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Jerry Butler And The Impressions, Major Lance, Betty Everett, The Impressions, Don & Bob, Etta & Harvey, Jerry Butler, Jan Bradley, Rosco Gordon, The Accents, The Radiants, The Sheppards, Wade Flemons, Etta James, The Chanteurs, The Kavetts, Gerald Sims And The Daylighters, Barbara Lewis, The Dells, The Drew-vels, Dee Clark, Sugar Pie DeSanto, Gene Chandler.

This is the first in a series of themed Kent CDs that will concentrate on the cities that were of paramount importance in the changeover from the doowop and R&B of the late 50s into the soul of the 60s.

Where better to start than Chicago and the gorgeous recording of Jerry Butler and The Impression's For Your Precious Love? This opener is a demo of this classic soul song that was made at a session for Bandera in 1957. The sound of the Impressions harmonising beautifully over the dreamy chord changes of Curtis Mayfield's guitar while Butler croons in that velvet baritone is just breathtaking.

Betty Everett appears on I'll Weep No More - a Cobra record featuring Willie Dixon and members of Ike Turner's band. This one is a gospel based number that she delivers with just a much confidence as Curtis Mayfield when he joins the Impressions for the lush Latin moves on Senorita I Love You. I'd never heard Etta James beautiful ballad Waiting For Charlie To Come Home but it's a marvellous piece of work with a lavish orchestral arrangement that perfectly compliments her soulful presentation. Her sweet crooning on the verses turn steadily into an all out diva-like performance complete with the occasional spitting sensual growl that she's made her own.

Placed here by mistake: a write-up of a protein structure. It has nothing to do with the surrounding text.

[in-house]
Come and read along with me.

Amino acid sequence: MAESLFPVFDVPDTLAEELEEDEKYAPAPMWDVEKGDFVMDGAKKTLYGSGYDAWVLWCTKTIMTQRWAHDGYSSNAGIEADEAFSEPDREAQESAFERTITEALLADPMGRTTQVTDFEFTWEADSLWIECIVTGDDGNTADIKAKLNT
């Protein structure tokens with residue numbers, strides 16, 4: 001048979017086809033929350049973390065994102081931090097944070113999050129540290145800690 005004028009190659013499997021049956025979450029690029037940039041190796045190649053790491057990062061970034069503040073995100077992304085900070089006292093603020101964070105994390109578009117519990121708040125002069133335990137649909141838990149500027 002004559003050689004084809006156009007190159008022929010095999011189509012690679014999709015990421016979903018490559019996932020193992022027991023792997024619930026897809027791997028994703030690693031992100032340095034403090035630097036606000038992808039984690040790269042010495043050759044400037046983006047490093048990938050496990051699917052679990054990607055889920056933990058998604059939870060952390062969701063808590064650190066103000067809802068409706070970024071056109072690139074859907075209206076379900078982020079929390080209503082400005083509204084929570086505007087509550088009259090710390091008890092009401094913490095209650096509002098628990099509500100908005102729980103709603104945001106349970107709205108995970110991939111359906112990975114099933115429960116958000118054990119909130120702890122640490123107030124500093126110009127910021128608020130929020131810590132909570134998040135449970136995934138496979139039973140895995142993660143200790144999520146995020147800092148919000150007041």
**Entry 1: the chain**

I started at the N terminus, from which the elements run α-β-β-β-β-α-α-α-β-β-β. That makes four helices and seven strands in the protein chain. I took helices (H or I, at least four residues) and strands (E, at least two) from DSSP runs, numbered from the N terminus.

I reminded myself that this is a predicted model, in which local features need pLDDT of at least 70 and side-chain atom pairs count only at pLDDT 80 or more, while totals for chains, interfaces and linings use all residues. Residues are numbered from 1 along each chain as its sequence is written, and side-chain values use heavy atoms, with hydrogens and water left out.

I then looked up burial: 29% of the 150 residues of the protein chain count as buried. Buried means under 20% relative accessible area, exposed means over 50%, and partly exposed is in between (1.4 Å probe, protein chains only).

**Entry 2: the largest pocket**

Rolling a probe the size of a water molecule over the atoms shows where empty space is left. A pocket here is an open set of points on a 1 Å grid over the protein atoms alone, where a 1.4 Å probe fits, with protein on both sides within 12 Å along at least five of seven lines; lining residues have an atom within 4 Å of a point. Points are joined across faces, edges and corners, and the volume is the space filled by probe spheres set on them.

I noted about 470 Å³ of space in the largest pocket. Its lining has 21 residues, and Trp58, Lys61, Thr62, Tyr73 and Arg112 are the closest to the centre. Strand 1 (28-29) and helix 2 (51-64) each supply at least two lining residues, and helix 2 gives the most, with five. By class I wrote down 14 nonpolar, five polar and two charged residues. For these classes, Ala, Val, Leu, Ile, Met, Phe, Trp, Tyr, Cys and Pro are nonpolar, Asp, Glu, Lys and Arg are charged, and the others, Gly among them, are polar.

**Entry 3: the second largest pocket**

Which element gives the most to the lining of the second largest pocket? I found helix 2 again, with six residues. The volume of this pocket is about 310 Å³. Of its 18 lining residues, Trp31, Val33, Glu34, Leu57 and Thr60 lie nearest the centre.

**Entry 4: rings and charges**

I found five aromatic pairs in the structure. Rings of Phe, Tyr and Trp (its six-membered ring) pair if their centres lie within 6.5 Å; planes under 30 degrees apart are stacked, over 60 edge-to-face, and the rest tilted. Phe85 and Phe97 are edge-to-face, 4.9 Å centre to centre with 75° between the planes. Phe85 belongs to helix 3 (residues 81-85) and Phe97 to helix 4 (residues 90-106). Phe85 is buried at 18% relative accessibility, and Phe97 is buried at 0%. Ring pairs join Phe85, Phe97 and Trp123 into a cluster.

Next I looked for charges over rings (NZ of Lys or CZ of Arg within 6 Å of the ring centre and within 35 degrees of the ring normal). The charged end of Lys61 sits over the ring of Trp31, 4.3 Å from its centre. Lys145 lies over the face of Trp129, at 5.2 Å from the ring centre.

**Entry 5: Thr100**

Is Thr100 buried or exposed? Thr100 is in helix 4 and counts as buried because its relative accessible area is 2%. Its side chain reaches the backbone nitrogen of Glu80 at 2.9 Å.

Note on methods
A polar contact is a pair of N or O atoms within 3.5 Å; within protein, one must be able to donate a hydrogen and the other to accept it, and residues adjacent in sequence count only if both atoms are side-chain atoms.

R&B singer Rosco Gordon is a nice surprise with his slice of mellow doowop Let ‘Em Try - an easy paced number that was to become identified with reggae singer Alton Ellis who learned it from this record. The Chanteurs get a Drifters feel on the big beat of You've Got A Great Love which is sung by leader Eugene Record with fabulous high harmonies from the rest of the group. The Kavetts take the music into the golden era of girl groups with their 1963 Len-Dre recording I've Got A Story To Tell You. Why this wasn't a hit then is beyond comprehension - their singer, who was well supported by the hard rockin' band, could strip wallpaper with her fantastic voice! One of the most spine chilling tracks on this CD is Sugar Pie DeSanto's 1964 recording My Baby's Got Soul, unbelievably left buried in the Chess vaults until Ace scooped it up. It's a dramatic big time ballad with Sugar Pie's big voice sassily delivering stacks of soul over an irresistible lurching rhythm accentuated by lush strings and some adventurous drumming.

This CD really is filled with great tracks, I can't find a dud and it's damn near impossible to pick a star track but I can't resist The Sheppard's glittering Tragic with its glistening guitar moves, cheesy organ and weird echoes that accentuate the backing vocals. Ace really has the soul scene sewed up with their brilliant compilations and this is well up to the sky high standards of the entire Birth Of Soul series.

Ask for CDKEND322. Only £10.95 plus p&p here at Red Lick


Review Date: January 2010

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